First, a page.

There are 3 different claims that you might find on a food and nutrition label of any food product on the market. They are 1) Health Claims, 2) Structure/Function Claims, and 3) Nutrient Content Claims. These claims are regulated by the U.S. Food & Drug Administration (FDA).
Last week we blogged on Nutrient Content Claims, so it only seemed appropriate to do a quick blog on health claims. The FDA states that health claims 'describe a relationship between a food, food component, or dietary supplement ingredient, and reducing risk of a disease or health-related condition'. A health claim has 2 parts: 1) some kind of substance (ie. food, food product or dietary ingredient) & 2) a disease or health related condition (ie. high blood pressure, cardiovascular disease, osteoporosis, etc).
An example of a health claim might be "diets high in calcium may reduce the risk of osteoporosis" or "diets low in dietary fat may reduce the risk of some cancers". Calcium and low dietary fat have been studied over the years and the conclusive evidence from research suggests that they reduce the risk of the stated above. The FDA has certain requirements that these claims must maintain. Read HERE for a complete list of health claims and their requirements.
As you can see these claims are regulated and have evidence to back them up. Therefore, they are appropriate for the consumer to know and so they are appropriate to be placed on the label of a food product. If a consumer is interested in reducing their risk of osteoporosis, knowing that the products they are deciding between will or will not help them in that goal is important to purchasing a product.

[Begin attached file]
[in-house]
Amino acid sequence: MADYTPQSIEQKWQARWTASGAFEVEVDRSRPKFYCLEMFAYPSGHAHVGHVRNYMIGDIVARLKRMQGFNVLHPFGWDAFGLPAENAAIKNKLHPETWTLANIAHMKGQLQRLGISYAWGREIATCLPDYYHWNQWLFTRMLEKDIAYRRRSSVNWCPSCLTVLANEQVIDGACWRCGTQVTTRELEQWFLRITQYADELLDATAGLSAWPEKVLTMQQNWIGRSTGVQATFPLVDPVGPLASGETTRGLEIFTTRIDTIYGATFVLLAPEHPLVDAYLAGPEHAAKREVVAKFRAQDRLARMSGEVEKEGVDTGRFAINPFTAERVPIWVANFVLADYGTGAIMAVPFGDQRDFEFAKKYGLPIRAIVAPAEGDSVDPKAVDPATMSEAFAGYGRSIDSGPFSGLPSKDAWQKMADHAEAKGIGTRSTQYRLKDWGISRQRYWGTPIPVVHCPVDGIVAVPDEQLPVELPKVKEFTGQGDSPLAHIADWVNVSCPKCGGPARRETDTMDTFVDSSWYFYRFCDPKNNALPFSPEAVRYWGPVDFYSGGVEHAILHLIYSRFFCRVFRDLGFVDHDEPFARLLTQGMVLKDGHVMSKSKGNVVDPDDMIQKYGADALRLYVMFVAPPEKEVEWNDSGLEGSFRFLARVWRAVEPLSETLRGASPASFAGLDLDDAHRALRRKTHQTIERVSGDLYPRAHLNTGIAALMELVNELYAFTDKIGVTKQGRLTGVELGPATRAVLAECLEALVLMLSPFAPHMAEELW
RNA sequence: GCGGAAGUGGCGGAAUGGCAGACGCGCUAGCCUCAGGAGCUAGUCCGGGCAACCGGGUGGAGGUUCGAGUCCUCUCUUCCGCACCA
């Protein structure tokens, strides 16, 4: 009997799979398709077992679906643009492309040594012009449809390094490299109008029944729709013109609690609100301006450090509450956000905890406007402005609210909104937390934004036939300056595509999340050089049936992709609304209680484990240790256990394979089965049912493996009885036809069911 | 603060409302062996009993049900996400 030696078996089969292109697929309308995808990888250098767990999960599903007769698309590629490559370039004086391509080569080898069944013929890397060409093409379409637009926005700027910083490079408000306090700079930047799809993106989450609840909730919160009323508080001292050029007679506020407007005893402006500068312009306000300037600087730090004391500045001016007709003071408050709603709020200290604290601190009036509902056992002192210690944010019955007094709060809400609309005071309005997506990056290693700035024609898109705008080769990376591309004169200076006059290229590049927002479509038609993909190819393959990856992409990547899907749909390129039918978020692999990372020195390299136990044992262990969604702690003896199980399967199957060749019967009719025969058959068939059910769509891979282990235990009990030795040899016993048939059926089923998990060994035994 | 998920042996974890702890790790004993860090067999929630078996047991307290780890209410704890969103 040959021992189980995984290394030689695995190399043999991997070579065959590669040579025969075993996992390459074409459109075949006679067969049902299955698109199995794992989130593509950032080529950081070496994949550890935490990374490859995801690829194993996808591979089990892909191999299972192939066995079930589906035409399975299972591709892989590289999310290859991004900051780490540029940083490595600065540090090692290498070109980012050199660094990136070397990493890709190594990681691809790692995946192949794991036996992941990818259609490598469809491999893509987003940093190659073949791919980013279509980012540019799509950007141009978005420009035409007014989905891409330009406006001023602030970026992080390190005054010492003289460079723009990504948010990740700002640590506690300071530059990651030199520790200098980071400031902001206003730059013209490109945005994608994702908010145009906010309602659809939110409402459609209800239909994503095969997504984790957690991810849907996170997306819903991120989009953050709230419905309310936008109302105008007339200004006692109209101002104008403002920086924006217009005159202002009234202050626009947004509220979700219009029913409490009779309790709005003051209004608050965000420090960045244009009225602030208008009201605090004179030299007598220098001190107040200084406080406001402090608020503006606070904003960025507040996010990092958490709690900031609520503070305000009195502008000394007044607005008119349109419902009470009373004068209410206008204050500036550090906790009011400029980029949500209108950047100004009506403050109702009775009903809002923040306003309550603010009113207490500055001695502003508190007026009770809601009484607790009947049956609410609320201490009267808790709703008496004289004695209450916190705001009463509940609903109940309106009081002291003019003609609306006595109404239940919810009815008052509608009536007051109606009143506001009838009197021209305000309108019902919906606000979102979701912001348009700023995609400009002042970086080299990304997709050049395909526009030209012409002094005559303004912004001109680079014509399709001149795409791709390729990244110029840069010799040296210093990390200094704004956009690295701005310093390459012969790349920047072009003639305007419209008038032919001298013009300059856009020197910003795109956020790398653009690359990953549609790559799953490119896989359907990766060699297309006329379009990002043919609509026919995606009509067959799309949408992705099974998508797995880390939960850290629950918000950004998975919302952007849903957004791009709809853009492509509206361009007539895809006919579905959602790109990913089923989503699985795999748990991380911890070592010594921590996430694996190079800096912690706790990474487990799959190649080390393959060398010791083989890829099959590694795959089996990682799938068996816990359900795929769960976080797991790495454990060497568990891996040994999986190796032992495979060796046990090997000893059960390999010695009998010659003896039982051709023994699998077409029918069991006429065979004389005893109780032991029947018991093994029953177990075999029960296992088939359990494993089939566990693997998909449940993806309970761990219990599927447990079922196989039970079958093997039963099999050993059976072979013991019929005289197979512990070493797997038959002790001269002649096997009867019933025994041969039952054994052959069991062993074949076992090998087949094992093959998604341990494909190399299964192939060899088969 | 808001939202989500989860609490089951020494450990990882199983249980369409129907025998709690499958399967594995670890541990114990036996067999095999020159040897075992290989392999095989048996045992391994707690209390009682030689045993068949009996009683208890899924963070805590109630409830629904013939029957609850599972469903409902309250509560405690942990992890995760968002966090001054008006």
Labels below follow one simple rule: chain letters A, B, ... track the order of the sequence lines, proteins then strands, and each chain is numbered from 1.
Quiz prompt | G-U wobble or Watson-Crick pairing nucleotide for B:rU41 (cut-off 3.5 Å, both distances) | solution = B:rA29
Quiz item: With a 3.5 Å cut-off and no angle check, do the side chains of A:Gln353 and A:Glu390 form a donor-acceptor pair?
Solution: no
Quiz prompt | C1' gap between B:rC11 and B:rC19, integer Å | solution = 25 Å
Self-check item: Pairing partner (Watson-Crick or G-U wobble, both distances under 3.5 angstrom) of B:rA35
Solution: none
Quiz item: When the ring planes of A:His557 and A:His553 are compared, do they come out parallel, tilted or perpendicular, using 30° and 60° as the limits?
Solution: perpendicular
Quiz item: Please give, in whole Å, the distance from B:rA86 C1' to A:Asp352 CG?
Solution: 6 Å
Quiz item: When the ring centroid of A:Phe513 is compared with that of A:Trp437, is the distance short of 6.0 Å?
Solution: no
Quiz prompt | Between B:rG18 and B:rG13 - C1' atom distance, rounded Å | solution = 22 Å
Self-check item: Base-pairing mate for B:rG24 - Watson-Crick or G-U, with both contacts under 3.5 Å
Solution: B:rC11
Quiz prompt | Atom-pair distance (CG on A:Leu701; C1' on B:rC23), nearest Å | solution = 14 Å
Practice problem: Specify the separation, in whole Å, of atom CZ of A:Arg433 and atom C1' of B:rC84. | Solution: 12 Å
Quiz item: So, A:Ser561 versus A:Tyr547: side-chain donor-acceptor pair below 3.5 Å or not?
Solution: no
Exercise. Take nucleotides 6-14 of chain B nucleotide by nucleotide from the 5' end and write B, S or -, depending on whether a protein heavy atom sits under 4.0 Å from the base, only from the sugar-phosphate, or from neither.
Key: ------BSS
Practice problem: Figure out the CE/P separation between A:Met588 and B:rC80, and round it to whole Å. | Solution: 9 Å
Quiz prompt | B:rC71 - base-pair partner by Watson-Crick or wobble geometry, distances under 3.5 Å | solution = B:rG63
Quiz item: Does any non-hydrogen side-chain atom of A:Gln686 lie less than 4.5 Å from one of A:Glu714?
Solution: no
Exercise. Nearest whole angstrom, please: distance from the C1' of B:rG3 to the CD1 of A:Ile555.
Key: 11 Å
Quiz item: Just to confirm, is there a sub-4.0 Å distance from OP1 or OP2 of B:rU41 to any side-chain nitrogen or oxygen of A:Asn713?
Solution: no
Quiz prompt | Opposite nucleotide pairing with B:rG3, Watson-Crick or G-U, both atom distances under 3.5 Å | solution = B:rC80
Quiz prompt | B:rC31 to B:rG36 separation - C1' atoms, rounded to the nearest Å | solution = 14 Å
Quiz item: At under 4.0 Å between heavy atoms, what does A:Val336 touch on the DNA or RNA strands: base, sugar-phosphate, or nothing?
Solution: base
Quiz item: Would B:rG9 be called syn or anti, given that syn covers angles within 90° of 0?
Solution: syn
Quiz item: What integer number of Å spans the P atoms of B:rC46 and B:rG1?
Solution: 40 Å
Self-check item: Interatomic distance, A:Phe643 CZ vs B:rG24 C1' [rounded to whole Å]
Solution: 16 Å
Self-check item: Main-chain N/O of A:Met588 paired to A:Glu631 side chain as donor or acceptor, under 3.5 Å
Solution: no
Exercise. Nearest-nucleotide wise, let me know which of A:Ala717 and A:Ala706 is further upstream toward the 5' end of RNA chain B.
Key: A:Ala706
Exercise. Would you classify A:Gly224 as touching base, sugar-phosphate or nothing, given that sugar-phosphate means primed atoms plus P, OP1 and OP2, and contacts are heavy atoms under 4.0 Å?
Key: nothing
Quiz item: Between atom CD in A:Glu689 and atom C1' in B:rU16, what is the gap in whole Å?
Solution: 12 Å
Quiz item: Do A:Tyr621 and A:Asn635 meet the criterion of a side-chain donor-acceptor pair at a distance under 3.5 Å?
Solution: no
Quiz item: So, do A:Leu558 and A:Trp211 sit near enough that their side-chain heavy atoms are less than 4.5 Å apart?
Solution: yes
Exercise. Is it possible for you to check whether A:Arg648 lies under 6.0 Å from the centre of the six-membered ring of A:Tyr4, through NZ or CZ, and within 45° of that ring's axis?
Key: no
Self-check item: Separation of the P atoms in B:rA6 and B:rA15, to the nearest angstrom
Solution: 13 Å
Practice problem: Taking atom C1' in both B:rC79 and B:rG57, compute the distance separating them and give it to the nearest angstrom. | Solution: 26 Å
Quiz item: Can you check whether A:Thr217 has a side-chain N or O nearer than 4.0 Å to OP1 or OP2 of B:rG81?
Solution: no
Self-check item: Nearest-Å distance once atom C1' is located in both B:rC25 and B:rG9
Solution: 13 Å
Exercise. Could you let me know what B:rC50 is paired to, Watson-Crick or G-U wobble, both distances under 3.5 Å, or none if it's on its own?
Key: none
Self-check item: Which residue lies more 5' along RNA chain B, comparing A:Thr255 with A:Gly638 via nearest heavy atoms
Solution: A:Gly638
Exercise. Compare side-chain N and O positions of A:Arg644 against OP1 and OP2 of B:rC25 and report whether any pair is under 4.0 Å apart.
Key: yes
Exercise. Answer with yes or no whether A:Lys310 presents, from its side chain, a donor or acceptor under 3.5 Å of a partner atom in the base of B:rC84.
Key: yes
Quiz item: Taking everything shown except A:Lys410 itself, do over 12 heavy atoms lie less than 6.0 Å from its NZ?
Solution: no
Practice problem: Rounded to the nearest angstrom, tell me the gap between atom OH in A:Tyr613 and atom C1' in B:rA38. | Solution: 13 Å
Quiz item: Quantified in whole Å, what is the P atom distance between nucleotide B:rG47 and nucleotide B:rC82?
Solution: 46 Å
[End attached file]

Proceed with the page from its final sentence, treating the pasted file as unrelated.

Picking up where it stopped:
On the other hand, there are claims that the manufacture places on the label that are not regulated by the FDA. These claims are simply marketing claims. They grab your attention and try to make you think you NEED a product based on the claim being marketed and a lot of times they are successful in doing so. However, the research and evidence to back them up is not there! Be aware of these statements-they are traps to get you to buy their product. Here is a short list of "marketing claims" that manufacturers use to get your money!
- Naturally raised, naturally grown
- Natural (except for the term's regulated use on meat and poultry)
- No additives
The food label and design, along with the claims, can be very eye-catching and persuasive when deciding between products, but you must be careful what "catchy" images or words make you purchase a product. Think through and know the difference between something that is helpful in knowing and something that is just there to encourage you to purchase a product! Those marketers are good...but we can outsmart them if we understand what they are doing!